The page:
Bush budget threatens construction funding
The administration's fiscal year 2003 budget poses a grave threat to the highway construction industry and to infrastructure improvements across the country, the nation's leading construction trade association has warned. The Associated General Contractors of America (AGC) pointed out that the budget calls for a 28 percent drop in highway funding, a $275 million cut in funding for the Army Corps of Engineers construction program and a more than 50 percent cut in federal prison funding. AGC has long advocated for a national commitment to infrastructure investment; however, the administration's budget calls for a significant drop in several vital national construction programs.
'This budget compromises several U. S. construction programs and threatens to sacrifice jobs in the industry. At a time when infrastructure spending is needed most, the Budget is a double-edged sword for AGC member firms and the construction industry as a whole,' said Stephen E. Sandherr, chief executive officer of AGC. 'On the positive side, the budget does renew the President Bush's call for an economic stimulus package, energy independence and permanent tax relief.'
'In these uncertain times, permanent tax relief and energy independence will bolster the economy, but a lack of commitment to national infrastructure investment may have a detrimental impact on long term economic growth,' Sandherr said. 'In January, the construction industry lost 54,0000 jobs, according to Friday's report from the Labor Department. Cutting infrastructure investment will worsen this situation and risk weakening the recovery that is barely under way.'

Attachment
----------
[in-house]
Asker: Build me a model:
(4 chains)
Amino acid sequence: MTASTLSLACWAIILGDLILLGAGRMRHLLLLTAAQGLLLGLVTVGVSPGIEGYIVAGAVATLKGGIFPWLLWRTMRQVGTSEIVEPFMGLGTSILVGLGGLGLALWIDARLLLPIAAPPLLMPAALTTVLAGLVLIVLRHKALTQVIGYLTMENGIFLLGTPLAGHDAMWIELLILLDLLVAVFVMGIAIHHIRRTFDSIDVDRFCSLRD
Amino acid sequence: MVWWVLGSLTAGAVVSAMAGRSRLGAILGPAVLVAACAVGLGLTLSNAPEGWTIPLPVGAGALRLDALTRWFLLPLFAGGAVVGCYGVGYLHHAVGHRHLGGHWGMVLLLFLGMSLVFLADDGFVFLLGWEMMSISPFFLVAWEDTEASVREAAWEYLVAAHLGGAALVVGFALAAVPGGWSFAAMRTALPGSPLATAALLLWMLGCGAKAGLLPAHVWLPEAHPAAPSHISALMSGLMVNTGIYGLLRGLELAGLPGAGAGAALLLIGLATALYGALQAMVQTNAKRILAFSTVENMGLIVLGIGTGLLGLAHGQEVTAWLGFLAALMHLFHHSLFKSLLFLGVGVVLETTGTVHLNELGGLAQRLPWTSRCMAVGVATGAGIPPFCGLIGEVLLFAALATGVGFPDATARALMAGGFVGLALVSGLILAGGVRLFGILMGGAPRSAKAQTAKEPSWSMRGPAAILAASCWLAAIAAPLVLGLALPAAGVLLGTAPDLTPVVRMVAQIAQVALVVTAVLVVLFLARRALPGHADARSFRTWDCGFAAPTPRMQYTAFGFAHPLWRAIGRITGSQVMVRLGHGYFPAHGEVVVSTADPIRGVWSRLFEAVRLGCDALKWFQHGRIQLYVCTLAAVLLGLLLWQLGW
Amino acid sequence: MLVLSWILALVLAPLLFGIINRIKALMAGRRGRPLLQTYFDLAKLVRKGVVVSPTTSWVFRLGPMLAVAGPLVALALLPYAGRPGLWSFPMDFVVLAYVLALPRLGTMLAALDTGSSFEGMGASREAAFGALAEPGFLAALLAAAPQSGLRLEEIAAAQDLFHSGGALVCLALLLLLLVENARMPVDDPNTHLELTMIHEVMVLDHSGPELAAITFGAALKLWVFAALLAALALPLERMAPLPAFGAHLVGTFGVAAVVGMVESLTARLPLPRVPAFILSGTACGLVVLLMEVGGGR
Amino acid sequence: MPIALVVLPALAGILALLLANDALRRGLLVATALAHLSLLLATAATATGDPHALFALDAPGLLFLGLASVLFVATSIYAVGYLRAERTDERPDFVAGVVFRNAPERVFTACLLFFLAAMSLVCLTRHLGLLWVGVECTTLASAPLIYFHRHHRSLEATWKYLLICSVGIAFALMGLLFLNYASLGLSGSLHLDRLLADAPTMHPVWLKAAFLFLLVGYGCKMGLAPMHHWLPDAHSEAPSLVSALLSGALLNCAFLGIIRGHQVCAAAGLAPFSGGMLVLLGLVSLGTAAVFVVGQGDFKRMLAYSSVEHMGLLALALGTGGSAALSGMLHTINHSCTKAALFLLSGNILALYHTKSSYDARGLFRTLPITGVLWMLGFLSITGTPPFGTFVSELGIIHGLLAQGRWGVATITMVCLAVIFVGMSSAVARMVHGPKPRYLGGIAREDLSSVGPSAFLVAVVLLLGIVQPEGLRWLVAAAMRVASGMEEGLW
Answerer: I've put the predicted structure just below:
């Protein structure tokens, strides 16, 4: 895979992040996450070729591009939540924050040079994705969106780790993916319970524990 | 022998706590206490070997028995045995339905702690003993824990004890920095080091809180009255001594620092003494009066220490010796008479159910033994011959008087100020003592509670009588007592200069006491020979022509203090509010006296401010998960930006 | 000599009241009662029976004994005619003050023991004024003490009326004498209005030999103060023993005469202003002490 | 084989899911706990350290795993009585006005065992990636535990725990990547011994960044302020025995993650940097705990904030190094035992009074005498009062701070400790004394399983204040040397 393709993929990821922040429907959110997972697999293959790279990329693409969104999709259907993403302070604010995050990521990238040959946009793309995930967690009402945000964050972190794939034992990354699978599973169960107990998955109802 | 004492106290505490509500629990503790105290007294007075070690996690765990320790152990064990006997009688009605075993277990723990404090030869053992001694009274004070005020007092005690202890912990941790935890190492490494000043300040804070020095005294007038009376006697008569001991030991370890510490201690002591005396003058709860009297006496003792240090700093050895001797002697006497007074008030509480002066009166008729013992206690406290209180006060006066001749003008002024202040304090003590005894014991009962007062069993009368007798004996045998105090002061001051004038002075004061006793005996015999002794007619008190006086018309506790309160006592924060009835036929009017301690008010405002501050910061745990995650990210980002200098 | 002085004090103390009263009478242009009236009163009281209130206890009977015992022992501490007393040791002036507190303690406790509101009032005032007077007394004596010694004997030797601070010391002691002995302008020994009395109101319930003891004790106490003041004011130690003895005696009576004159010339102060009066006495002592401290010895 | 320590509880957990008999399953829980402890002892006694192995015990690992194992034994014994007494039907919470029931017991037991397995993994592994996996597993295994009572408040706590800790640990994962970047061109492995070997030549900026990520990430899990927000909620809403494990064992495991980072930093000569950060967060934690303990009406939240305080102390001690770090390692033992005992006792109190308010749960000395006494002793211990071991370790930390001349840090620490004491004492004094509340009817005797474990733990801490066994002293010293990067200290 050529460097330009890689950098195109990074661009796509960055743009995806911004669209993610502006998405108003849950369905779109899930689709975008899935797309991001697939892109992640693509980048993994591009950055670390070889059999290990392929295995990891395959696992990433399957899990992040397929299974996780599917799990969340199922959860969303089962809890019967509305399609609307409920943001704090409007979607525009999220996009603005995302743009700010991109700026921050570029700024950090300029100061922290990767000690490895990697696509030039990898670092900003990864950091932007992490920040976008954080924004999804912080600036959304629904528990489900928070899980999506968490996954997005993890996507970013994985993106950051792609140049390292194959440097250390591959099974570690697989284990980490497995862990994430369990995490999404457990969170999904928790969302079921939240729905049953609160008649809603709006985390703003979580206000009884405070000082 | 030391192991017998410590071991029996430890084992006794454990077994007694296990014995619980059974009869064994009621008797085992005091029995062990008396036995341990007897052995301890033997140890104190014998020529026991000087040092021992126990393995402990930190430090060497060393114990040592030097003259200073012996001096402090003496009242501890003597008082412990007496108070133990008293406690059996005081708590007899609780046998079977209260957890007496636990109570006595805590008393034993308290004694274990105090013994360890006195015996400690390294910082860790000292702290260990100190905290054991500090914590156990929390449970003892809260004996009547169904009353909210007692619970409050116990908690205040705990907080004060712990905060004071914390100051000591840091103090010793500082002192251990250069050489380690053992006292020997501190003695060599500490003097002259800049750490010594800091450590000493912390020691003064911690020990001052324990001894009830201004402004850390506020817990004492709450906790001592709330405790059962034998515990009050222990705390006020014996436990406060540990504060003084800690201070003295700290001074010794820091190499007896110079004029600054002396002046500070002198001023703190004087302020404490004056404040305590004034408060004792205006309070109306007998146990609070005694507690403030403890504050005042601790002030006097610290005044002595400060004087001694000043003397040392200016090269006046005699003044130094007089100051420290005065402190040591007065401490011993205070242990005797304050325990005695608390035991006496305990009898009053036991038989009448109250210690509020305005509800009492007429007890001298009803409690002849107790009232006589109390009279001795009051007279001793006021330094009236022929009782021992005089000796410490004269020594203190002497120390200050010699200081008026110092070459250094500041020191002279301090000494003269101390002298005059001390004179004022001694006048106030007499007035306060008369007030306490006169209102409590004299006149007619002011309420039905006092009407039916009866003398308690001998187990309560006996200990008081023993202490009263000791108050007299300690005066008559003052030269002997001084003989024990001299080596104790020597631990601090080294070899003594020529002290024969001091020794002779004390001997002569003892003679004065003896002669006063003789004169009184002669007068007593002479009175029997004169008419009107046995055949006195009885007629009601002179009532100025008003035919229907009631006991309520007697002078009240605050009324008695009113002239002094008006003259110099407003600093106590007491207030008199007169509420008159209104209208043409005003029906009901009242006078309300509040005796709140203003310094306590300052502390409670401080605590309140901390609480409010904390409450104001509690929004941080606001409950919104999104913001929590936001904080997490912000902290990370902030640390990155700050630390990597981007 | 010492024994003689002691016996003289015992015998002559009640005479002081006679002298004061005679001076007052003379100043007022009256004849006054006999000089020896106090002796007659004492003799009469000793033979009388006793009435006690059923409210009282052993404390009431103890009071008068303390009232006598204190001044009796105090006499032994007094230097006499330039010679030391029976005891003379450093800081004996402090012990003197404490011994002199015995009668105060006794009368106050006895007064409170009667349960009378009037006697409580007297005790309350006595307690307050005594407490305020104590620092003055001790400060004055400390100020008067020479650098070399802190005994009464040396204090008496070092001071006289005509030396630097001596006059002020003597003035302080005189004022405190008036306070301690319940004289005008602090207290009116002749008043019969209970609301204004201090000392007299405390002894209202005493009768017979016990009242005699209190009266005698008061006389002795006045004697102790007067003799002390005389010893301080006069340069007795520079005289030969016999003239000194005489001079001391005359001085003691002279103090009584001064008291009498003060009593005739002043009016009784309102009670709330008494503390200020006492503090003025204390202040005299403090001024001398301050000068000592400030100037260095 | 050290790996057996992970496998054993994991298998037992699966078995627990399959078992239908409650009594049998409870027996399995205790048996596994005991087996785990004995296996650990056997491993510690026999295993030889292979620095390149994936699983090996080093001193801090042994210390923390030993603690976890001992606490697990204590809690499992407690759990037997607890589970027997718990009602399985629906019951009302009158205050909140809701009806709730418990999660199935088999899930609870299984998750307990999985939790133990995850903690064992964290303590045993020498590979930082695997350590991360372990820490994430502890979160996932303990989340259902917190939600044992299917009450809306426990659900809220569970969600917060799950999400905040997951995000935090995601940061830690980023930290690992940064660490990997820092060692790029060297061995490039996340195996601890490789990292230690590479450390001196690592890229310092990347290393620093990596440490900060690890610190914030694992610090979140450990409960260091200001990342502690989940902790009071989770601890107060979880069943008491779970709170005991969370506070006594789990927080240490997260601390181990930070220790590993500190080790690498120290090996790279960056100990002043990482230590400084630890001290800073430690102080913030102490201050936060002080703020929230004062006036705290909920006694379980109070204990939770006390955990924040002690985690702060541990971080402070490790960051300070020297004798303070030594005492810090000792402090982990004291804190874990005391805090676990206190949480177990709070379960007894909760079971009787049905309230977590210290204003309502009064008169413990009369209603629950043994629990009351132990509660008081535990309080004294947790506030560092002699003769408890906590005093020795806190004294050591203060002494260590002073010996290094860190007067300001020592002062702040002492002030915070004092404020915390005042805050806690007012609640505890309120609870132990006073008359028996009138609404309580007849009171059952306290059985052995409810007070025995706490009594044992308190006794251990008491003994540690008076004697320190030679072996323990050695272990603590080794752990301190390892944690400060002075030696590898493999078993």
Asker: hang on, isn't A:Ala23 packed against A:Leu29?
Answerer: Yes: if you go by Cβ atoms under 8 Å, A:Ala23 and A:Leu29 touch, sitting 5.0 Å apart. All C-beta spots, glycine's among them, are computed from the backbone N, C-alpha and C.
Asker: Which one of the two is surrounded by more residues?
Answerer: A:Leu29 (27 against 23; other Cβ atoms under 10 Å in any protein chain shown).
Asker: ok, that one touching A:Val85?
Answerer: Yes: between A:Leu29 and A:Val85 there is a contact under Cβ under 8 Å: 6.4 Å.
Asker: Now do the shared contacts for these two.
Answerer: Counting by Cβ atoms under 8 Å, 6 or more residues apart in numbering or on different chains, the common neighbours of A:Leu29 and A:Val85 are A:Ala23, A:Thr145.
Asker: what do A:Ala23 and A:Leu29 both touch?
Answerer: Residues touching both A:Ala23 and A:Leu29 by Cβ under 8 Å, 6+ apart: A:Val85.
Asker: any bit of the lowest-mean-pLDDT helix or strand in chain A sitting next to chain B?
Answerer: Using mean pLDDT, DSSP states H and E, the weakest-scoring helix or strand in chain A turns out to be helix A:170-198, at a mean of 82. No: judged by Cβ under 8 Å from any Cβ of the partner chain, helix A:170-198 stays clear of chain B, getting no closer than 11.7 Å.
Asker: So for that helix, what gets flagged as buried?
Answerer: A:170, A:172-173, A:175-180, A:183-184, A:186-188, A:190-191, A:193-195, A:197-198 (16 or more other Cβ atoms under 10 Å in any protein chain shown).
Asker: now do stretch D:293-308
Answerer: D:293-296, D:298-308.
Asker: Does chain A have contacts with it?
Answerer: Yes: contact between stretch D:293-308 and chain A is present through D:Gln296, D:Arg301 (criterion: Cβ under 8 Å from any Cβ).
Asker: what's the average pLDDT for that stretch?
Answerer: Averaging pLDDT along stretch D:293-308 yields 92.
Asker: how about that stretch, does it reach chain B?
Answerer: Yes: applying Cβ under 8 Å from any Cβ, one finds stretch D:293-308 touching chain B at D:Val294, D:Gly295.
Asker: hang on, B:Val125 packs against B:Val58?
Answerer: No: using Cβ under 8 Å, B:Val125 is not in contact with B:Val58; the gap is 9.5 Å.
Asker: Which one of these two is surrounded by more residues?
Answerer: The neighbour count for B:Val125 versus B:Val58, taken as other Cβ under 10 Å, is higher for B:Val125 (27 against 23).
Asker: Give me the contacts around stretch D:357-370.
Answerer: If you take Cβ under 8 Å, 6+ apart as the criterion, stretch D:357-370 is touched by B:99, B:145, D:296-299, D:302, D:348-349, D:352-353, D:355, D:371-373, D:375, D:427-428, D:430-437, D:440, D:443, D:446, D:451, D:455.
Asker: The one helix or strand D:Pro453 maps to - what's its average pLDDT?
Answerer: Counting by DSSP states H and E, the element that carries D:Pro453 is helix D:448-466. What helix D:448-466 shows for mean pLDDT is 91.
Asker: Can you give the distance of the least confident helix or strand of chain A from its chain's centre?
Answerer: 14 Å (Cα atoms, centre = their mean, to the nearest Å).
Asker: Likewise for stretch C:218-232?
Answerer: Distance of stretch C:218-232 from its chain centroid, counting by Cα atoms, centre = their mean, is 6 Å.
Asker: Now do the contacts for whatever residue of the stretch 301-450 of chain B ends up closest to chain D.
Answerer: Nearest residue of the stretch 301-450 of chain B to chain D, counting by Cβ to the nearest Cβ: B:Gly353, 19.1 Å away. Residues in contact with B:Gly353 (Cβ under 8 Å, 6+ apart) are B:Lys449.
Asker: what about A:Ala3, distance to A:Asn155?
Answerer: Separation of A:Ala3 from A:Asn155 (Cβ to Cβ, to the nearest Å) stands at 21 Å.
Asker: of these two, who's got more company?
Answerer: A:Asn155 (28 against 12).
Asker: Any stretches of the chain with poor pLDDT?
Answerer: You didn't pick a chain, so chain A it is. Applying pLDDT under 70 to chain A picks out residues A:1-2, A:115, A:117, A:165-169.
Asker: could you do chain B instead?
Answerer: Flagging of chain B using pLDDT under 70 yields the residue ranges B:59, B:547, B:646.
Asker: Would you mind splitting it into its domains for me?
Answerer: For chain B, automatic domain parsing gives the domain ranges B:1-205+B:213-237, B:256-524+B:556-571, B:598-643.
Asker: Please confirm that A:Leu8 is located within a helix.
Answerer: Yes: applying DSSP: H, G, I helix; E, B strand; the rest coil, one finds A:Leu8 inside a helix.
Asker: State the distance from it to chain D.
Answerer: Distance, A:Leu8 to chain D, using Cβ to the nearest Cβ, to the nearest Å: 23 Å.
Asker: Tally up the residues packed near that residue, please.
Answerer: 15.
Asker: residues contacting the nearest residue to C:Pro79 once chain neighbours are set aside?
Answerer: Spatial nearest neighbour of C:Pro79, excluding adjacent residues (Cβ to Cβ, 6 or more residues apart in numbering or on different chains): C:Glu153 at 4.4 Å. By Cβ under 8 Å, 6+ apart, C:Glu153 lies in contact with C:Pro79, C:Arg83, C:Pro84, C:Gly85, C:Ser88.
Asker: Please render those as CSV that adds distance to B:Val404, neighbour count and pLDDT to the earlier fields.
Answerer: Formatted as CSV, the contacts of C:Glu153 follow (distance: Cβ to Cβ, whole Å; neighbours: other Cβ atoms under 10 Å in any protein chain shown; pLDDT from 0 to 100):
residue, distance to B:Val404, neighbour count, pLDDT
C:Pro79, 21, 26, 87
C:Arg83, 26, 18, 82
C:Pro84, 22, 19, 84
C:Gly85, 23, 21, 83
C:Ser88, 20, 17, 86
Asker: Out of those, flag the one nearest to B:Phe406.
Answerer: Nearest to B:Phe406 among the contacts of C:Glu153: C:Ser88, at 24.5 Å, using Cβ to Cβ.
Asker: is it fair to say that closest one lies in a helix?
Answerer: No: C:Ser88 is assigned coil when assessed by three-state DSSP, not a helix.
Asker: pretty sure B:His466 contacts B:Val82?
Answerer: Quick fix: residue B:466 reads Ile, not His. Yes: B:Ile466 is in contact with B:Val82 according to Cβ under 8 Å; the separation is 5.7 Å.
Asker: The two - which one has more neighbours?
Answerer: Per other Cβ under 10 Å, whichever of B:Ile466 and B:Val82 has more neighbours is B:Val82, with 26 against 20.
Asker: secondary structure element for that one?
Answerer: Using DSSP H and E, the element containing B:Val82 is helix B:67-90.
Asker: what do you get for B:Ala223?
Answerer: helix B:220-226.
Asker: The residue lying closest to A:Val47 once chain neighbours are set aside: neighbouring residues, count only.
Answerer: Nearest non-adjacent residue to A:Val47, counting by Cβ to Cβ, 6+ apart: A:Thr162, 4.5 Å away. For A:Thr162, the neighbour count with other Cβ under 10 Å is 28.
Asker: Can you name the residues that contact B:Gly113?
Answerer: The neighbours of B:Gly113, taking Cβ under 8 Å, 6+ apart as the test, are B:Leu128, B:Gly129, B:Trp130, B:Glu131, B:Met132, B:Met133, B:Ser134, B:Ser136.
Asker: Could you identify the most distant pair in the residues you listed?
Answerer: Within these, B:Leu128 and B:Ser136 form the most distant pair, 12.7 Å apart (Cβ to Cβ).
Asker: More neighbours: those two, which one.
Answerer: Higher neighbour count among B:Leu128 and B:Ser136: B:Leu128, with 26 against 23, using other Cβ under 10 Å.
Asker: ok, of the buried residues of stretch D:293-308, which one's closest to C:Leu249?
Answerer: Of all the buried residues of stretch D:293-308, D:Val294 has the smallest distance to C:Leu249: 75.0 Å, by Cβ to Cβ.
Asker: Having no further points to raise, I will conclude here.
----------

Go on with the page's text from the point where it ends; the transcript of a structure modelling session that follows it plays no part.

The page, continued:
Sandherr said, 'AGC will work with Congress to reverse the cuts and make a national commitment to ensuring economic growth for the next generation by investing in the infrastructure that provides a foundation for our economy. We will continue to work with the president to make the tax cuts passed into law last year permanent, create jobs and protect our country.'